Add-ons available Hundreds Hundreds Hundreds Some
Quality of graphics vs. user’s available hardware** Adjustable Adjustable Adjustable Adjustable
Minimum computer requirements CPU:  2.0 Ghz or higher (single core) Memory: 2 GB OS: Windows® XP Service Pack 2 or later. Graphics:  DirectX9 compliant card 256 MB video RAM. Hard Drive: 30 gb. Cpu: quad core 3.0 ghz (per core) + Os: microsoft windows 7 (64-bit) Video: graphics card with full directx 11 support and 4 gb + (gddr5 or better). Free disk space: 30 gb, with at least 10 gb on c: Cpu: intel core i5 6600k at 3.5 ghz or faster. Ram: 16 gb. Os: windows 7, 8, or 10, 64-bit. Video card: directx 12-capable video card from nvidia, amd w/4 gb vram. Free disk space: 20 gb. Cpu intel dual core cpu 2.4 ghz. Os: 64bit versions of windows 7 Video card: opengl 3.0 compatible 3d graphic card with at least 1 gb of ram. Free disk space: 35 gb.
Ease of flying Easy Easy Medium Not tested
Flying ‘feel’ off the box Realistic Realistic Very realistic Not tested***
Aircrafts included Yes, several ranging from GA to Airliners, Military Yes, several ranging from GA to Airliners, Military Yes, several ranging from GA to Airliners, Military Yes, several ranging from GA to Airliners, Military
Third-party Interfaces*** FSUIPC FSUIPC XPUIPC Not tested
AFSBI Level Compatibility 1-5 1-5 1-5 Not tested
Virtual Reality (VR) compatible Third-party Yes, natively Yes, natively Yes, natively
Air Traffic Control Yes Yes Yes No
Artificial Intelligence (AI) –created traffic Yes Yes Yes No
2D/3D cockpits, external views Yes Yes Yes Yes
  • *USD, Please note that prices may vary according to re-sellers and other factors.
  • ** This allows users to adjust the level of graphic quality according to the hardware of their computer in order to obtain the most realistic images and still preserve smooth motion.
  • *** We are planning to review soon. Information presented from website and published reviews.
  • ****Allow more extensive interfacing with other third-party add-ons and physical controls.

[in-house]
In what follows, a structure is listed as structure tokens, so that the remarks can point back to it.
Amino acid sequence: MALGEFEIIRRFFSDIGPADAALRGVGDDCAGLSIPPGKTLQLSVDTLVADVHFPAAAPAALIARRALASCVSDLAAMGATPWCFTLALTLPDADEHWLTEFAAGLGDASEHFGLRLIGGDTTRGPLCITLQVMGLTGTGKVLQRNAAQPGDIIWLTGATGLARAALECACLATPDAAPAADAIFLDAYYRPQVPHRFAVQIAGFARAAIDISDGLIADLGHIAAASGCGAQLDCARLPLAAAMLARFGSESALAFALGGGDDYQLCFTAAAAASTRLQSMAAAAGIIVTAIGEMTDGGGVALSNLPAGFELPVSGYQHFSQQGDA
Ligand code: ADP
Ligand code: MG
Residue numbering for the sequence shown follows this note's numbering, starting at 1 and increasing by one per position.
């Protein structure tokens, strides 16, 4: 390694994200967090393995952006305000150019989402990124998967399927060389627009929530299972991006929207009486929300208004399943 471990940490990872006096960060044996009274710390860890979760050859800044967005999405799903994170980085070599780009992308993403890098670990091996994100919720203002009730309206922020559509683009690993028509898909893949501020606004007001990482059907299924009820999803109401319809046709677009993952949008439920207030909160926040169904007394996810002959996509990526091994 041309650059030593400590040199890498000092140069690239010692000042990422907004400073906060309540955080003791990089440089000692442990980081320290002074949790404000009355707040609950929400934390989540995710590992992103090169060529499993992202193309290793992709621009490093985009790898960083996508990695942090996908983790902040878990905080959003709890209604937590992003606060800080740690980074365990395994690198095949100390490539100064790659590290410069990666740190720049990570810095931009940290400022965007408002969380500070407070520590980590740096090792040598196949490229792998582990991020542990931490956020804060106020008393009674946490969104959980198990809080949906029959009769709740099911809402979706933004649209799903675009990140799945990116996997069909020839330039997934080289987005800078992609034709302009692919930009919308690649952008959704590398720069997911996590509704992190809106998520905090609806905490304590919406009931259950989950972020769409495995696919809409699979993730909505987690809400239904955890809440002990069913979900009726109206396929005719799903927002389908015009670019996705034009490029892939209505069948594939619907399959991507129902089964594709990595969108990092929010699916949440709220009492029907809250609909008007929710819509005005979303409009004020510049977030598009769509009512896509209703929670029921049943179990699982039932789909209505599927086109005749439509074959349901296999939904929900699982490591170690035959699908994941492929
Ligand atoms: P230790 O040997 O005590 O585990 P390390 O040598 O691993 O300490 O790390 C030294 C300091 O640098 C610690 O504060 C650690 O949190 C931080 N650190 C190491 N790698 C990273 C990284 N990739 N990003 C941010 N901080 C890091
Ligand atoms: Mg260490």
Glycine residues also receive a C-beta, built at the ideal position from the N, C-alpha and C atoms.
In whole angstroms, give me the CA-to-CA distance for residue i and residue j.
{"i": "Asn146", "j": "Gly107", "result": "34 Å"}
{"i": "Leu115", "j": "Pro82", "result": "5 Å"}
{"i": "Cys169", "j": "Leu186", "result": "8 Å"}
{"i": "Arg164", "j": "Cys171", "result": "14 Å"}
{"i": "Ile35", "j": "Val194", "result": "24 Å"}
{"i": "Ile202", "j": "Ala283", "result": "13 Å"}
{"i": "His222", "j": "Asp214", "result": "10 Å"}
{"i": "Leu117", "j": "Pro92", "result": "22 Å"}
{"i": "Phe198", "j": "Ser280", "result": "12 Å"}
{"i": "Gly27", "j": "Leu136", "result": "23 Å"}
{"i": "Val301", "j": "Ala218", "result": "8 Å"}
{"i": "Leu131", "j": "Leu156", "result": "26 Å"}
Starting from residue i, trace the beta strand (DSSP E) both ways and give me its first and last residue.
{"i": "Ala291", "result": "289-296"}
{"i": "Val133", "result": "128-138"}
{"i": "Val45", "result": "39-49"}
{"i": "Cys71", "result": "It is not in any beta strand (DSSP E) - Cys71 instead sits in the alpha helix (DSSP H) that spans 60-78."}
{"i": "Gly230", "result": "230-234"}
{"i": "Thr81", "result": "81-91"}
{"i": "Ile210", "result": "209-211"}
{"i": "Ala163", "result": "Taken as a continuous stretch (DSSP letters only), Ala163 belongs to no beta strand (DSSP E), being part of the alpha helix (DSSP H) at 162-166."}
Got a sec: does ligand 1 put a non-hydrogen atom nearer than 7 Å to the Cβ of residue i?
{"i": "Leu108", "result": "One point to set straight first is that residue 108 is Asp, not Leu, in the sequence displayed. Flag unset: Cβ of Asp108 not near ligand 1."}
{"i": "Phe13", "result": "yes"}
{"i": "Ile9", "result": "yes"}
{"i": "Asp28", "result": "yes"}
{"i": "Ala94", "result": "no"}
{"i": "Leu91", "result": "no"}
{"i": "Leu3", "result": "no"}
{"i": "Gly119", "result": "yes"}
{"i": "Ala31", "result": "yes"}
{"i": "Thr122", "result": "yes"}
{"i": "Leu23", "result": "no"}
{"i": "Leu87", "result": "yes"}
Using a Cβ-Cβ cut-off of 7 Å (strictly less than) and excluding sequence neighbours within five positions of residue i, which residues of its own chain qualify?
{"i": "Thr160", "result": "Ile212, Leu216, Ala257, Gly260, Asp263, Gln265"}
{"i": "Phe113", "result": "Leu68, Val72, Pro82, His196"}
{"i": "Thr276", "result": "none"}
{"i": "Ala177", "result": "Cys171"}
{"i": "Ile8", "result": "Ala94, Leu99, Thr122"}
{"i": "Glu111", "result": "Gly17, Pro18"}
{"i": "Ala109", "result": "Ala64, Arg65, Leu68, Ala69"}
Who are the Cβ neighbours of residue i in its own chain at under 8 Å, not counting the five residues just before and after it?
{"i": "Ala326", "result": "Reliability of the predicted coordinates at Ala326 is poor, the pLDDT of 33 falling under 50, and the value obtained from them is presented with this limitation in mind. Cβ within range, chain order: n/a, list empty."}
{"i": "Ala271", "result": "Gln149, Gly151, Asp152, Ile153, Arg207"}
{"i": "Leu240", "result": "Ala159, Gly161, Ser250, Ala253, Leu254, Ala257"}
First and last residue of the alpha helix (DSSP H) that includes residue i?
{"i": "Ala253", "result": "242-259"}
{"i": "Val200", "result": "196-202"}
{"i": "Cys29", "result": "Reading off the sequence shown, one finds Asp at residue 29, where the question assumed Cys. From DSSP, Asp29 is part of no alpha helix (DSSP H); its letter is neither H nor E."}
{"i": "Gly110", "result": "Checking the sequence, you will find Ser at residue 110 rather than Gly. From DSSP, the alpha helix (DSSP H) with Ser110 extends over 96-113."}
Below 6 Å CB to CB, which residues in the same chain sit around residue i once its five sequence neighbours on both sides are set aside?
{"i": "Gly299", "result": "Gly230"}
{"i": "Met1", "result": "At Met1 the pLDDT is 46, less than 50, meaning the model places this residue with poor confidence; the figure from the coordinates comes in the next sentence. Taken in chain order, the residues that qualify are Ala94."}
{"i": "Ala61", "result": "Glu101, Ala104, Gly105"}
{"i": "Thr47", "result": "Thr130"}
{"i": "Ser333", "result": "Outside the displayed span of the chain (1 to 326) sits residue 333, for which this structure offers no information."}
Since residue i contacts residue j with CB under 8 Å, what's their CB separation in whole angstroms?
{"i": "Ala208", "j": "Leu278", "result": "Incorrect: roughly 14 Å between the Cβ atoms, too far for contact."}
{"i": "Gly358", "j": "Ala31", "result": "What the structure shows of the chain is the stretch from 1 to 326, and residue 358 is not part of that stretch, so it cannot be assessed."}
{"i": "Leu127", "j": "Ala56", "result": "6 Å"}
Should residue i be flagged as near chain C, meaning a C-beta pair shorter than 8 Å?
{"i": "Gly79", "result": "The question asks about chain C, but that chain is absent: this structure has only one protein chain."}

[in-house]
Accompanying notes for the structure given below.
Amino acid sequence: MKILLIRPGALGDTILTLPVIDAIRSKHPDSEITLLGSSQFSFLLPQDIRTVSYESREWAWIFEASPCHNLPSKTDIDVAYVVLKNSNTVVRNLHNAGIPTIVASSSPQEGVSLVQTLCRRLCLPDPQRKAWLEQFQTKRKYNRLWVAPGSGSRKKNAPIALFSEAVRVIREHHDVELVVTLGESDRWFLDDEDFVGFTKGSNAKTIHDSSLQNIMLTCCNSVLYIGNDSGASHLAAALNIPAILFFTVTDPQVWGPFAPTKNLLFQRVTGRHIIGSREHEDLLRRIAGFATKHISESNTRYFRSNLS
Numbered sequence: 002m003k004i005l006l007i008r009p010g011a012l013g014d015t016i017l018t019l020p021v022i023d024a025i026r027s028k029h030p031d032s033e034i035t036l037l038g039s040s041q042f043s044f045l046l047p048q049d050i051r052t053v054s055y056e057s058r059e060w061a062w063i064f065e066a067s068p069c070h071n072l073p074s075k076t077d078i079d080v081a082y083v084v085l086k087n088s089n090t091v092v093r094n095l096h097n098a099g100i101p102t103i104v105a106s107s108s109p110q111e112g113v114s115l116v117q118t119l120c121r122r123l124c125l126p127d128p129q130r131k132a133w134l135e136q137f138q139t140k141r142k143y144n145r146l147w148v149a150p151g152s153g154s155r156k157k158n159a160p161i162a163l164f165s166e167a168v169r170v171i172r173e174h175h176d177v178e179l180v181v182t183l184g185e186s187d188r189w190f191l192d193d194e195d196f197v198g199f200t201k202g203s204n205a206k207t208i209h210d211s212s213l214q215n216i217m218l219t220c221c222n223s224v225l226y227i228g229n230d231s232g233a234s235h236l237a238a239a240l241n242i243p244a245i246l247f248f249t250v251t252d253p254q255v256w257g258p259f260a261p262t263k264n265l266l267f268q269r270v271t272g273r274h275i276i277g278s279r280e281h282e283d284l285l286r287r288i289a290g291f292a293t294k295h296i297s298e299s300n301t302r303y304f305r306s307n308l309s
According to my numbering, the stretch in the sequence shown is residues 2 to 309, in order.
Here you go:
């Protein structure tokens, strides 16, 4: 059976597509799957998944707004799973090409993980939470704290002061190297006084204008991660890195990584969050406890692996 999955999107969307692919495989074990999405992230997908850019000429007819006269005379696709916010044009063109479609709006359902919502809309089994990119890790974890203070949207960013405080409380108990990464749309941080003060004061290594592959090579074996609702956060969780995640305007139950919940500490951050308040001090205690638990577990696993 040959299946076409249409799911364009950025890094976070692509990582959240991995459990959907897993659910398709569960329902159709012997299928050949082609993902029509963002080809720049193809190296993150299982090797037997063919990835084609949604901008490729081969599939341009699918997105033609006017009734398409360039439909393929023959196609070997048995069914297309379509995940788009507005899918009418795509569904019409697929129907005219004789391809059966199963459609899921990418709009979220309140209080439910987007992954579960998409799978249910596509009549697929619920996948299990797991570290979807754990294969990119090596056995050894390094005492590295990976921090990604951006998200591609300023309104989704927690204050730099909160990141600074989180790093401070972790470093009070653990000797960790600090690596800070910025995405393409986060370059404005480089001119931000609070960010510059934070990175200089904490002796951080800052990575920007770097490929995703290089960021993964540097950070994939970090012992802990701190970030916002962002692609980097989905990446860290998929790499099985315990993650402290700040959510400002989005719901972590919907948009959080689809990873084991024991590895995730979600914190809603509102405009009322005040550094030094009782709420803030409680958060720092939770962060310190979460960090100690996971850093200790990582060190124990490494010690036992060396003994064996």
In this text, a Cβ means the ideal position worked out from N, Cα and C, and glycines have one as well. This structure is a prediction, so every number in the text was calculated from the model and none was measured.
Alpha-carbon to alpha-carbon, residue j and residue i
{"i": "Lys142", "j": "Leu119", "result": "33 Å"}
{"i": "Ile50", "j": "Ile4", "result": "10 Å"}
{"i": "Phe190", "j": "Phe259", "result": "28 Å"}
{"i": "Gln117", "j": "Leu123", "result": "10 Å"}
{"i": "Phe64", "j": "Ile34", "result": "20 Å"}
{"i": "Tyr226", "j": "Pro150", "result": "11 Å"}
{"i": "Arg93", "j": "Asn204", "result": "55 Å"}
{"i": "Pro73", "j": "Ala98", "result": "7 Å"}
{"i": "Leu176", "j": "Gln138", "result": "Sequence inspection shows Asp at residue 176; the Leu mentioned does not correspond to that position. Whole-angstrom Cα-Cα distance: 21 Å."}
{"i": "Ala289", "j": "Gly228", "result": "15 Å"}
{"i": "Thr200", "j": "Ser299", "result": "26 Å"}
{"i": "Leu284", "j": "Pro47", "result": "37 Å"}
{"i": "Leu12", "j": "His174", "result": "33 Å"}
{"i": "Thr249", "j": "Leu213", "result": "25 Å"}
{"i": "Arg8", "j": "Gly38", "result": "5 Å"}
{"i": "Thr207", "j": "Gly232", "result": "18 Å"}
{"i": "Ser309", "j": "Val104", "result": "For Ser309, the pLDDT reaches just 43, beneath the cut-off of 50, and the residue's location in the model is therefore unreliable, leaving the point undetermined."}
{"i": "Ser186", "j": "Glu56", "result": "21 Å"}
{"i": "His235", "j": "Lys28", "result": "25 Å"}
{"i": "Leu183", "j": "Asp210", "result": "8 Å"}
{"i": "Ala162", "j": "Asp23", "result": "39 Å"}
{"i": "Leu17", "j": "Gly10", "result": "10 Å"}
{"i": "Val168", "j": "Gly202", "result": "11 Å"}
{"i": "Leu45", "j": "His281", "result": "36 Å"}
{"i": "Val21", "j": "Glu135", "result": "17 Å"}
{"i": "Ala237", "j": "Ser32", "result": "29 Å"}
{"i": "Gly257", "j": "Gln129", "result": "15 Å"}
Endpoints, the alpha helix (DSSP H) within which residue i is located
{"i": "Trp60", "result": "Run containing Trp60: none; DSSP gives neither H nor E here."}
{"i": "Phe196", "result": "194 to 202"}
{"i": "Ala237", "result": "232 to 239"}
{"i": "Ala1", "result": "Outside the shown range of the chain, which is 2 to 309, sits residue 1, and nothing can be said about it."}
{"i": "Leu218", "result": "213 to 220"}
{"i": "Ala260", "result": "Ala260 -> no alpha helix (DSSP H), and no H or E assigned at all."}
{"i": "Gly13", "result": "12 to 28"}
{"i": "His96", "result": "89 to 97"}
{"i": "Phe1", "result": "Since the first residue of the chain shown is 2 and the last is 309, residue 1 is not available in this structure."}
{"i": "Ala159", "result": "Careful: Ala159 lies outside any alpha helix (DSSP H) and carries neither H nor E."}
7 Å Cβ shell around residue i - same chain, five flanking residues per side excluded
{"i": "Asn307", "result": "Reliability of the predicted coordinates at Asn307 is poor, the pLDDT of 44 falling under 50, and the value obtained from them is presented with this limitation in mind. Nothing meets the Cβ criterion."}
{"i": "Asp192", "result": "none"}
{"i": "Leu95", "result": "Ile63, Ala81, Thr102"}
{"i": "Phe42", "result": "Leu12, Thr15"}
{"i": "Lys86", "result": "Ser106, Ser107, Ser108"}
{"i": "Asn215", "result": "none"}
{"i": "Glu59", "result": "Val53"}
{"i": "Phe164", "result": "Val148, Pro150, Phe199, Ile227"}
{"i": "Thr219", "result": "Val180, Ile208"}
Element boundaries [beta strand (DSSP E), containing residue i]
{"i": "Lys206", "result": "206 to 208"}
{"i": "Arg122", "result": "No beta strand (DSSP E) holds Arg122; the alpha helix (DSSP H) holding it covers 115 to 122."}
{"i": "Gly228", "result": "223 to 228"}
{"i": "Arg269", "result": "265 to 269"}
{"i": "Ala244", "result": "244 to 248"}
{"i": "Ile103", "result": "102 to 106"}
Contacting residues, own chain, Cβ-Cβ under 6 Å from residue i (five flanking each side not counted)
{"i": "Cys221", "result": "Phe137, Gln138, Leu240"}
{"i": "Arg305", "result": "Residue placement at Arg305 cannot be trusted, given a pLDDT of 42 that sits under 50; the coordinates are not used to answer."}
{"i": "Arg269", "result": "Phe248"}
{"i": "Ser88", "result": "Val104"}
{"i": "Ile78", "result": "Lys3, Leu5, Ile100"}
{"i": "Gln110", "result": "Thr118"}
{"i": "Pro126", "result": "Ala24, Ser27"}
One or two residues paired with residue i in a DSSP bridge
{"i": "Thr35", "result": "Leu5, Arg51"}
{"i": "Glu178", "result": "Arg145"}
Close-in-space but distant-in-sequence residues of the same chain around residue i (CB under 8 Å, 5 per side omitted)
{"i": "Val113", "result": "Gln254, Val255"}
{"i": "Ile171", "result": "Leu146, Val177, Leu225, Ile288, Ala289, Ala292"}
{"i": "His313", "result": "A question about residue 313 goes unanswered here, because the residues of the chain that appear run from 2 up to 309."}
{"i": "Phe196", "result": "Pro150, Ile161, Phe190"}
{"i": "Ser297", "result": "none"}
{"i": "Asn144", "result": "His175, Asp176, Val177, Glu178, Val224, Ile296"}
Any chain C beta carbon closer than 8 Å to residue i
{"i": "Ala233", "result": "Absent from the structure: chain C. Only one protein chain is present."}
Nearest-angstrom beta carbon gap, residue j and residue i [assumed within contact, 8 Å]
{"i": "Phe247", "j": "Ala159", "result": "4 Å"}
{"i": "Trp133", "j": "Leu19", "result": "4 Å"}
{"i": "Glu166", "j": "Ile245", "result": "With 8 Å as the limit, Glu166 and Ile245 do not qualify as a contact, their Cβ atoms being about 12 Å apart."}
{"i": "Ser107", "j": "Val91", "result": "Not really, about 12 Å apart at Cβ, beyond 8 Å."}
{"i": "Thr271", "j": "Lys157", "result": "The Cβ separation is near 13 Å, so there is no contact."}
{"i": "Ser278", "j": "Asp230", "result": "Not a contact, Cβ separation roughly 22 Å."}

Conclusion

As we stated in our Primer: ‘at Level 1 you essentially install the software on your computer, and fly it using the keyboard and mouse to control the aircraft control surfaces and throttle levers (which make it turn, climb and descent, accelerate and slow down). You will be able to control radios, GPS navigation, lights and many more aspects of your flight using the mouse to click and turn controls on the screen. It’s an initial step but one that will deliver a lot of enjoyment and a great learning path for beginners with a rather modest investment.’

You will want to move quite fast from Level 1 as you likely will want to experience a better ‘hands-on’ feeling of controlling the aircraft. Nonetheless, just installing and playing with the software is already quite fascinating. Some of the platforms described above will allow you to follow basic flight instructions, where the aircraft will be flown for you by AI. You will also learn about tweaking the graphics to get the best performance and details resolution out of your sim. There is plenty to do and learn at this entry level and you are guaranteed to want to learn more within a few hours.

If images are used we acknowledge the (c) of their respective authors.